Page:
Prime Minister John Key has labelled Kiwis who took to the beaches on the weekend to protest against oil drilling a Greenpeace "rent-a-crowd".
US oil company Anadarko began exploratory drilling off the coast of Raglan overnight, ignoring protest boat the Vega, inside the 500m exclusion zone and getting closer.
Vega co-skipper Jeanette Fitzsimons says they're now only 100m from the Noble Bob Douglas, which began drilling at 2:30am.
"Nothing out here has changed, and none of the normal signs of starting drilling are actually in place, but if that's what they say, then that's what they say," she said on Firstline this morning.
Anadarko NZ manager Alan Seay says the Vega's presence is a "nuisance", but won't stop them getting on with the job.
"It's always a concern if you've got somebody in close proximity, and you know, the Vega's been there pretty much since this all started a week or so ago. It requires us to keep an extra lookout for them as a way of mitigating that risk, but there's no direct interference with our work, so we're carrying on in complete safety.
"I liken it to somebody wandering onto a construction site – you don't want them there, it raises the safety stakes, but there's no direct interference and no reason to actually stop work."
Mr Key says police are aware of the situation, and it will be their call whether to intervene or not.
"At the end of the day those protesters have a legal right to be there, providing they abide by the law," he said on Firstline this morning. "One of those vessels is not abiding by the law, and that'll be a matter for police to decide whether they'll take action."
Mr Key says any police operation would involve Maritime New Zealand, who have the ability to call on the Navy for assistance.
Greenpeace has today filed papers in the High Court at Wellington seeking a judicial review to stop Anadarko.
It says the Environmental Protection Agency was remiss in allowing the drilling to proceed without looking at several "key documents".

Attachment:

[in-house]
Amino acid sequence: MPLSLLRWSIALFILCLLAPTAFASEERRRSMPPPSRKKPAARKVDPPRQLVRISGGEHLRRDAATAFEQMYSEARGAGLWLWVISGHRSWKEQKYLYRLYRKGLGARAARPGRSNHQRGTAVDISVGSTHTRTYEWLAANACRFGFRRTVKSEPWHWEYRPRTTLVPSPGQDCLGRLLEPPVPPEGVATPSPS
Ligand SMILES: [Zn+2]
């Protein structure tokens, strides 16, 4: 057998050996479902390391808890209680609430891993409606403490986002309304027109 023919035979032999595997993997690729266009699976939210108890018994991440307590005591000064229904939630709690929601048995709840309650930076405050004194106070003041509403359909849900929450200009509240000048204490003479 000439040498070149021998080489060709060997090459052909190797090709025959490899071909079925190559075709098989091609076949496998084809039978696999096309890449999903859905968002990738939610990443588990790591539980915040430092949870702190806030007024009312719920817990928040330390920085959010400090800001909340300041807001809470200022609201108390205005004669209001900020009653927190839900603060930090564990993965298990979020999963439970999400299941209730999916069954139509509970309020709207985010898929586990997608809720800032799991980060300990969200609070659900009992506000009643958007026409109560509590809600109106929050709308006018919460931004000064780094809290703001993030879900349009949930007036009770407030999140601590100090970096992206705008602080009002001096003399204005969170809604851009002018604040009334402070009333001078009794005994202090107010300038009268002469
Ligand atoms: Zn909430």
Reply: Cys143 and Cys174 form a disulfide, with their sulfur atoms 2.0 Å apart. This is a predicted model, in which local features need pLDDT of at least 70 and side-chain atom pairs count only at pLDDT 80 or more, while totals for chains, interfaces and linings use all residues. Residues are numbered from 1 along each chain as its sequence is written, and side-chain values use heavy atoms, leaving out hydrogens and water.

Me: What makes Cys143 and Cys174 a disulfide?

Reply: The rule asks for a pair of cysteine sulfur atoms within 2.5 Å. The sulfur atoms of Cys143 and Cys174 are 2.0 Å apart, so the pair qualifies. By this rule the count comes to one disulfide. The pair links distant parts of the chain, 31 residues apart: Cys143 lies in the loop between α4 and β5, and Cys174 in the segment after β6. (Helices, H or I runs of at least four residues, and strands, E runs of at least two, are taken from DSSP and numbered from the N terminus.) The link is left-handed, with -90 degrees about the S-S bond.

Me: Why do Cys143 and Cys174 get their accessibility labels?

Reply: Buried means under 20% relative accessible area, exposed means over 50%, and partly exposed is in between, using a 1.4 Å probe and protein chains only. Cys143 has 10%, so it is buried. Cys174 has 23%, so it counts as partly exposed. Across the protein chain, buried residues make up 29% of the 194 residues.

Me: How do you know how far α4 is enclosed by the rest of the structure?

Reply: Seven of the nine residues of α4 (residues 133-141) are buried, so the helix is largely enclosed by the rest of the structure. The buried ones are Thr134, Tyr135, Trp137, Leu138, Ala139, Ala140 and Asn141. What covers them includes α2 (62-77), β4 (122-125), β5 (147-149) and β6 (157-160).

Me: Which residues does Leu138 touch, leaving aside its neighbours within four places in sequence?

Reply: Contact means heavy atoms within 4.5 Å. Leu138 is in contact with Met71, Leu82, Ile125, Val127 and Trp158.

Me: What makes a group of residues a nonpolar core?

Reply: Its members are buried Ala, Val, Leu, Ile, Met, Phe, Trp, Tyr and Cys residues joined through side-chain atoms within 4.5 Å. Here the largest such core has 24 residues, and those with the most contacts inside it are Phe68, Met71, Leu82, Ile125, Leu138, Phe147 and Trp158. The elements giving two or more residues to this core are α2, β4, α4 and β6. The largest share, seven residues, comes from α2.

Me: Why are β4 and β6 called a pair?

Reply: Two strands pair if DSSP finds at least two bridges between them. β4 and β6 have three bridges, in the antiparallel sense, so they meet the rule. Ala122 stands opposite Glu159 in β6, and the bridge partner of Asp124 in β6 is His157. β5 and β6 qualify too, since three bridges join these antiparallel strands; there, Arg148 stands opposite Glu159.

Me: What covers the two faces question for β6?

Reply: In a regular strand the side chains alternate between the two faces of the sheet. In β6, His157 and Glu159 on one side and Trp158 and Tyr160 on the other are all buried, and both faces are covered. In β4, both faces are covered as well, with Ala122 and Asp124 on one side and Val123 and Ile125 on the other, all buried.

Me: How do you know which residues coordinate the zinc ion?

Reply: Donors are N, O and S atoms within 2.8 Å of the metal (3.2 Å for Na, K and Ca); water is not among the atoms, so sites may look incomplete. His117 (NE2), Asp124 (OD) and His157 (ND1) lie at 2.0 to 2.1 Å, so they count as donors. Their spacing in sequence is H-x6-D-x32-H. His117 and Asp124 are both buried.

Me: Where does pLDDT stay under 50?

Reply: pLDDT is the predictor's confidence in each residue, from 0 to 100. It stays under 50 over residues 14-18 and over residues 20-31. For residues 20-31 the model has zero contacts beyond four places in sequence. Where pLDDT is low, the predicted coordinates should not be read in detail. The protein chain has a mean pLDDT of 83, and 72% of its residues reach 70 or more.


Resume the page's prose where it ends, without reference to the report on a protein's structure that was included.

On the weekend several thousand New Zealanders protested against Anadarko's exploratory drilling, which will be the deepest well ever drilled in New Zealand. Ms Fitzsimons said there were between 7000 and 10,000 people at demonstrations, held across the country.
But Mr Key says he was "quite surprised" the protests were so "modest". When Firstline host Simon Shepherd suggested while each individual protest may have been small, but together they added up to thousands, Mr Key replied "yeah, whatever", and said they were a "rent-a-crowd".
"It's just Greenpeace ringing up its members and get them to come along, and the Green Party had a few people there, I mean okay, fair enough. But you know, it's not tens and tens of thousands of people.
"Most New Zealanders were going about their business, actually enjoying some of the things that the Government provides, like roading."
Ms Fitzsimons, a former co-leader of the Green Party, said calling protesters a "rent-a-crowd" was a "standard response" of politicians.
"If you think that Greenpeace can ring that many people in a few days and get them to come to the beach, then you're rather overestimating their capacity on the phone," she says. "This is a spontaneous outpouring of concern by New Zealanders, and it's going to go on."
Mr Key also says figures on the dangers of oil drilling supplied by the Green Party are "nonsense"
"They just add in the worst case scenario of absolutely everything to try and frighten people."
Mr Seay says the final depth of the well will be around 4600m, and they're expecting it to take 70 days to find out if it's going to be worth setting up a permanent well in the area.
"You don't know what's down there until you've done the drilling."
The protesters say they have enough supplies for two weeks, and won't be leaving the area.